Is then the language used made plain to you? or does it still want much in clearness? I think indeed that, to those who have been attending, it is easy to get a clear view of it. But if it has slipped any body's memory, you can meet in private, and learn what it was. And this is why I have continued longer upon this explanatory part of the discourse, that I might not be compelled to break off the continuity of the context, and so spoil the clearness of the statements. And for this cause too I will bring my discourse to a conclusion here, without saying any thing to you on the more immediately practical points, as I generally do, lest I should make a fresh indistinctness in your memories by saying so much. It is time now to come to the proper conclusion, by shutting up the discourse with the doxology to the God of all. Let us then both pause, me that am speaking and you that are hearing, and offer up glory to Him. For His is the kingdom, and the power, and the glory, for ever and ever. Amen.
Rom. x. 1.
that they might be saved.
HOMIL. He is now going again to rebuke them more vehemently XVII. than before. Wherefore he again does away with every
suspicion of hatred, and makes a great effort beforehand to correct misapprehension. Do not then, he says, mind words or accusations, but observe that it is not in any hostile spirit that I say this. For it is not likely that the same person should desire their salvation, and not desire it only,
but even pray for it, and yet should also hate them, and feel I súdoxíur aversion to them. For by his heart's desire' here he means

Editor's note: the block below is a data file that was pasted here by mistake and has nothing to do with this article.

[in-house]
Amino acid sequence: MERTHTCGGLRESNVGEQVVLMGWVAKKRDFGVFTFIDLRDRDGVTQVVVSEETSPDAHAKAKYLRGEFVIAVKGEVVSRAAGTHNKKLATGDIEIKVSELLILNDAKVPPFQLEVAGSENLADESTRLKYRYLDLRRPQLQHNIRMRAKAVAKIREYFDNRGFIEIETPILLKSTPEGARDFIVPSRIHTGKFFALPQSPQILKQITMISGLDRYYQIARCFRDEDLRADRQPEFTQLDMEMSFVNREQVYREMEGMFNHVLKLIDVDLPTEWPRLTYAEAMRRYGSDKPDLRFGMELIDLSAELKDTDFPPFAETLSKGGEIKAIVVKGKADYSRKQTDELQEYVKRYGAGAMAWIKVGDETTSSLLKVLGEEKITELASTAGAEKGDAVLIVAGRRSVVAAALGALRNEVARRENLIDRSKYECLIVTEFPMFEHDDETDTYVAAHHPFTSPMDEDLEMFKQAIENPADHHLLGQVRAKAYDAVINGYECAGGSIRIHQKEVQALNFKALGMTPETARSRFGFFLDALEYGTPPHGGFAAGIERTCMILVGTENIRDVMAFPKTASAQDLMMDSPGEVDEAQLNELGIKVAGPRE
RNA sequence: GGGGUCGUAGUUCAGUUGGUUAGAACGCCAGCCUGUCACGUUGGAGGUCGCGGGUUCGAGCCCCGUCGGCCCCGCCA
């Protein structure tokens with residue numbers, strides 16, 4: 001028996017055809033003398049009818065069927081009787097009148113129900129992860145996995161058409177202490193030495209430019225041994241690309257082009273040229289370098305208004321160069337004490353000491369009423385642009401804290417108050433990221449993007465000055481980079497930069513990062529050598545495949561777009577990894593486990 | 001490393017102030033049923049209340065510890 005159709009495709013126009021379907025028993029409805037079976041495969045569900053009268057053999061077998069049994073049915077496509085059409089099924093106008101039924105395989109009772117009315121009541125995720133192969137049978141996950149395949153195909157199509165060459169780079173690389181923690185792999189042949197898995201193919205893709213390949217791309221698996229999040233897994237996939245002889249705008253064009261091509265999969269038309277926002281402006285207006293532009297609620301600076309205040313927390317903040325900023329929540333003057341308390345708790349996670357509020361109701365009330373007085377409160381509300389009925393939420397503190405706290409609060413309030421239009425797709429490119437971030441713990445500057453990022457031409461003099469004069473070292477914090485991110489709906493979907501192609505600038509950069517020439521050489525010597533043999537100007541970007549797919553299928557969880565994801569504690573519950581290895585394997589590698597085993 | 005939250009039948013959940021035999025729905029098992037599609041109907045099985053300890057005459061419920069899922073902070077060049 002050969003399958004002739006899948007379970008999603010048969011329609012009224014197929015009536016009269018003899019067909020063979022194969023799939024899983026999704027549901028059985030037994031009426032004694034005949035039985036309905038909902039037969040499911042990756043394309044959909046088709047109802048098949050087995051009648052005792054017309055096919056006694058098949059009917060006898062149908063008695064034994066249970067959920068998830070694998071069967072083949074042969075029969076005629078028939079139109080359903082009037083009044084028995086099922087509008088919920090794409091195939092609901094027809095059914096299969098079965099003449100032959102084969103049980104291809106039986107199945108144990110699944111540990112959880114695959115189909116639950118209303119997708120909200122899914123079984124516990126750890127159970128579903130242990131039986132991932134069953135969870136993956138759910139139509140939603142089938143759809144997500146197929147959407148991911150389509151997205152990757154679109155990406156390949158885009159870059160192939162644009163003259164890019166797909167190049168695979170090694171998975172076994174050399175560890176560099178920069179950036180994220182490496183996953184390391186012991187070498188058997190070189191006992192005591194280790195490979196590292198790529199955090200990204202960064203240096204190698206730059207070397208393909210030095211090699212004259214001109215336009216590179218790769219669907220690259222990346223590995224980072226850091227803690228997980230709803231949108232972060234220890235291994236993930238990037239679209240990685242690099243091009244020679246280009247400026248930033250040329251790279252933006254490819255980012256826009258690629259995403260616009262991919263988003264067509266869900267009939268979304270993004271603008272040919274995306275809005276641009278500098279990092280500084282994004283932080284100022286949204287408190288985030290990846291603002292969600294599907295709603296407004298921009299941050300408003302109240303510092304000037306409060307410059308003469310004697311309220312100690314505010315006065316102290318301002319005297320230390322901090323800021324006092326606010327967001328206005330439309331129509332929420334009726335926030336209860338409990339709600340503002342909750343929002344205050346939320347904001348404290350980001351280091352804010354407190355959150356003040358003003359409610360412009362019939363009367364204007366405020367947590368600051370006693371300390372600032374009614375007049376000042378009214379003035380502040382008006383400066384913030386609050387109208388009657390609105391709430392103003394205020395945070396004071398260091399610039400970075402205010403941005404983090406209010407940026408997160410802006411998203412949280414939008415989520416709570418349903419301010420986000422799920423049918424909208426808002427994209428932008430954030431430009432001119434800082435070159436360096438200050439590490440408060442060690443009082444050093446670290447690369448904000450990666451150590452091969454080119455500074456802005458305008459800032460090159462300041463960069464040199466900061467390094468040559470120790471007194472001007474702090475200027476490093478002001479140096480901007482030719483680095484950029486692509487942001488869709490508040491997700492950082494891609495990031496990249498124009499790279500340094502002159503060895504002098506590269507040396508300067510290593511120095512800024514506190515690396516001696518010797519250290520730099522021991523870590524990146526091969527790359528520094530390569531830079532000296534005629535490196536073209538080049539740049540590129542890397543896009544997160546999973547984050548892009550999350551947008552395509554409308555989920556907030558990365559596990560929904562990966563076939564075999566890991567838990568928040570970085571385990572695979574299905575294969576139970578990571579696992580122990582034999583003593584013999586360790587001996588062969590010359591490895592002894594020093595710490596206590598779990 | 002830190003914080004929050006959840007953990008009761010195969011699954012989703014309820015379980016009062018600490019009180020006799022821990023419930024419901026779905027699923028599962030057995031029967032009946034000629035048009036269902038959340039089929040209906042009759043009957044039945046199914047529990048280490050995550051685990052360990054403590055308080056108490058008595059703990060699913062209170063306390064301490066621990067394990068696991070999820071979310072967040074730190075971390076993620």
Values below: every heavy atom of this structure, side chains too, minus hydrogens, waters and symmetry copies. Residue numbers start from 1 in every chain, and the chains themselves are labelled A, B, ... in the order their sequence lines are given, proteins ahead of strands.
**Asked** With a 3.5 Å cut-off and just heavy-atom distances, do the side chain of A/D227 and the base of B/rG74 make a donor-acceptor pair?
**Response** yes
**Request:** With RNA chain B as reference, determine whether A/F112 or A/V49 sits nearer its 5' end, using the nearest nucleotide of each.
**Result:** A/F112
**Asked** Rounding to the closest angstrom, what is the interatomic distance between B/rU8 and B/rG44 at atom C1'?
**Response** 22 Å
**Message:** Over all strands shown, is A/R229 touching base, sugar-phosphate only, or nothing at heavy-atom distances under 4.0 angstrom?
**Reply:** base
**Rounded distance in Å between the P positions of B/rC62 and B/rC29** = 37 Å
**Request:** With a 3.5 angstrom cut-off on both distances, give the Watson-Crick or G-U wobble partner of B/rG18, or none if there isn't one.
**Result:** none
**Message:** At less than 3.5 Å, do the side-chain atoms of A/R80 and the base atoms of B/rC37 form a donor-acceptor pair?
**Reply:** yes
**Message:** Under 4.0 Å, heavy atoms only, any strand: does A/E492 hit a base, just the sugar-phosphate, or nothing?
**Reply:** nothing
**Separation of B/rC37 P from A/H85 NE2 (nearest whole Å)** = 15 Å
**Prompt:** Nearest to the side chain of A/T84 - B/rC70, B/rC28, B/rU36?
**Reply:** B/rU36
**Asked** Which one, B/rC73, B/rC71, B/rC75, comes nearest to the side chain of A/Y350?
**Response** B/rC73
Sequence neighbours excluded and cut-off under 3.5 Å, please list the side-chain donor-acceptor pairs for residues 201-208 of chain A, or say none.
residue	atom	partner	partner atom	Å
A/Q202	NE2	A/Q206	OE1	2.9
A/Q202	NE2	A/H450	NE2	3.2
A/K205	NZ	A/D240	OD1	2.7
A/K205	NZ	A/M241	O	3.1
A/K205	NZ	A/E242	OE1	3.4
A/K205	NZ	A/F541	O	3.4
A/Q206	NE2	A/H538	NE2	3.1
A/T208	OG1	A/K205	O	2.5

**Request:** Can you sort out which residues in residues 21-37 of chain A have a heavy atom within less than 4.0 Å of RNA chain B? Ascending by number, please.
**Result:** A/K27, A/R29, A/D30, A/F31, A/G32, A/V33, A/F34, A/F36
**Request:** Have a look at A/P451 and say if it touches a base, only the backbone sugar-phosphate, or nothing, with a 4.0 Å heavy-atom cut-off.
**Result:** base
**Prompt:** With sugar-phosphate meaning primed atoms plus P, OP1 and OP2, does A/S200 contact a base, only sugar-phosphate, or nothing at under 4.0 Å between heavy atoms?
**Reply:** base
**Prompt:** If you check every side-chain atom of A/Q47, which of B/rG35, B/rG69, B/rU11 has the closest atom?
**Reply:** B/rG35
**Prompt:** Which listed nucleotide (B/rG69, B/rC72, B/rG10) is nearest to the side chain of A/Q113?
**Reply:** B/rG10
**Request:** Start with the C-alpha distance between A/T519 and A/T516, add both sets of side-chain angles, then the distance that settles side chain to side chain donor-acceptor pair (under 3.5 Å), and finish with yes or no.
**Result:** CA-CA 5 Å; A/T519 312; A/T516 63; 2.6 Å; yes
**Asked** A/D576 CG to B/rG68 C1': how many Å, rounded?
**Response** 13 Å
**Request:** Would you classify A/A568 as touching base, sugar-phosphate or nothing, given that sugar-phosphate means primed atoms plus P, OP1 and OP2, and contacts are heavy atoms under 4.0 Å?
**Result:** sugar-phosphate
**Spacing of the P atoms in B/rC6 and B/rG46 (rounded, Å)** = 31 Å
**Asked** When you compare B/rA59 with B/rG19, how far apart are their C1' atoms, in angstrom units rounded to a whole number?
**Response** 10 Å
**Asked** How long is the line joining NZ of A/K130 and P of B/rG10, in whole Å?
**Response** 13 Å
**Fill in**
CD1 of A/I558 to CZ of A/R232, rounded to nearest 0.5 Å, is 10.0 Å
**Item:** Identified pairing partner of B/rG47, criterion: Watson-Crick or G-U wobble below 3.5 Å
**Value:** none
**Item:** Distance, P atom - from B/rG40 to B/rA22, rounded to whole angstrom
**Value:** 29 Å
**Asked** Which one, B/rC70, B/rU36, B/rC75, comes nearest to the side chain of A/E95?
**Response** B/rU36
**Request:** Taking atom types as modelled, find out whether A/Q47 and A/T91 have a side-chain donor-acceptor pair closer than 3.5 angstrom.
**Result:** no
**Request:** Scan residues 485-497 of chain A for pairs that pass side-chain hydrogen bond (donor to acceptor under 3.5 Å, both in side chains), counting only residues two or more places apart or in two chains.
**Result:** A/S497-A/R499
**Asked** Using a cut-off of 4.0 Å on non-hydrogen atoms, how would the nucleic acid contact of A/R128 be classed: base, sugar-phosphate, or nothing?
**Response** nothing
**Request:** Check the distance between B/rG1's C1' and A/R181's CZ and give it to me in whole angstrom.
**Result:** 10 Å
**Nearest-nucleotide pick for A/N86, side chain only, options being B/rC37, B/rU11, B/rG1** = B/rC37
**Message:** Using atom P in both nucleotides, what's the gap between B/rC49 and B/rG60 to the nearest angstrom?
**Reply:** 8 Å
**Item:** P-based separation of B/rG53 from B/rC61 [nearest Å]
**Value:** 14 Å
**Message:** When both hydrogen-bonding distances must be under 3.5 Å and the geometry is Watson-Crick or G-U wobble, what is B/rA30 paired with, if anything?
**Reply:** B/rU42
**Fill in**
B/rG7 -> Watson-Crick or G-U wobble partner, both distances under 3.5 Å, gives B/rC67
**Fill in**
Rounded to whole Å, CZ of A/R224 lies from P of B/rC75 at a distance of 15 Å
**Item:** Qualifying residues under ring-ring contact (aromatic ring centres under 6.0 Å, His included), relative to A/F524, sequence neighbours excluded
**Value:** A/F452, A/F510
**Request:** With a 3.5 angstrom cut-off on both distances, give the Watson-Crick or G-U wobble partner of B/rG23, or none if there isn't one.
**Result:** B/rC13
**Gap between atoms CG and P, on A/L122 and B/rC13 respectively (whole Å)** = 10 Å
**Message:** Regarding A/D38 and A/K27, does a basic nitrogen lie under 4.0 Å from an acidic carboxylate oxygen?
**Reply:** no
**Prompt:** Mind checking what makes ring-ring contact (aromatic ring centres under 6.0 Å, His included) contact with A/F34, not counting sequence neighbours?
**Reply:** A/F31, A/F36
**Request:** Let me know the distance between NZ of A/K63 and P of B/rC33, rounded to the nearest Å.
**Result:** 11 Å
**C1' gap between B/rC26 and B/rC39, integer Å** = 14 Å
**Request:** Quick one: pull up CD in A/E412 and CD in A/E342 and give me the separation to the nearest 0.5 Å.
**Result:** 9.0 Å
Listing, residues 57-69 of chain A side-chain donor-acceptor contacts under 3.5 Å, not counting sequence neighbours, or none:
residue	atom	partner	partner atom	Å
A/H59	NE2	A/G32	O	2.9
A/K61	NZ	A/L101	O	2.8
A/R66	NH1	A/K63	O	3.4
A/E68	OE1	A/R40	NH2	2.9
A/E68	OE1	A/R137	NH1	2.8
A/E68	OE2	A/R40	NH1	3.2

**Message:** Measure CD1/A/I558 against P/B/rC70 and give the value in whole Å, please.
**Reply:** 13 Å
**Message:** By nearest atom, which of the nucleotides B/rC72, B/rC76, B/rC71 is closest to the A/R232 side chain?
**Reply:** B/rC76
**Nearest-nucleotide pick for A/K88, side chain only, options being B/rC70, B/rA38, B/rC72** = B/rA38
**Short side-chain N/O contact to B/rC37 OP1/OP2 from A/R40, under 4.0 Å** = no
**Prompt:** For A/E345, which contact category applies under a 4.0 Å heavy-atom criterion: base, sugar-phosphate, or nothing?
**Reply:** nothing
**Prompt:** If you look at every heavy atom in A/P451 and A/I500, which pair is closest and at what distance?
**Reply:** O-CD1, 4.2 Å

exceeding great desire. And observe how the prayer he makes is from his soul. For it is not the being freed from punishment only, but that they may also be saved, that he makes so great a point of, and prays for. Nor is it from this only, but also from the sequel that he shews the good will that he hath towards them. For from what is open to him, as far as he can, he forces his way, and is contentious to find out some shadow at least of an excuse for them. And he hath not the power, being overcome by the nature of the facts.
Ver. 2. For I bear them record, says he, that they have a zeal of God, but not according to knowledge.
Eng. ver. Israel, and so Ms. For that in the Bodleian Library. Some the rest of the Homilies of this Epistle, various readings, however, are noticed only one Ms. has been collated, viz. in the Benedictine edition.
b that 10, 3. 4.
Jeus refused the Gospel from selfishness and pride. 307 Ought not this then to be a ground for pardoning and Rom. not for accusing them? For if it is not of 1 man
idiothey are separated, but through zeal, they deserved to be deator pitied rather than punished. But observe how adroitly he for man. favours them in the word, and yet shews their unseasonable obstinacy.
Ver. 3. For they being ignorant, he says, of God's righteousness.
Again the word would lead to pardon. But the sequel to stronger accusation, and such as does away with defence of
And going about, he says, to establish their own righteousness, have not submitted themselves unto the righteousness of God.
And these things he says to shew, that it was from a petulancy and love of power” that they erred, rather than from 2 Mat. ignorance, and that not even this righteousness from the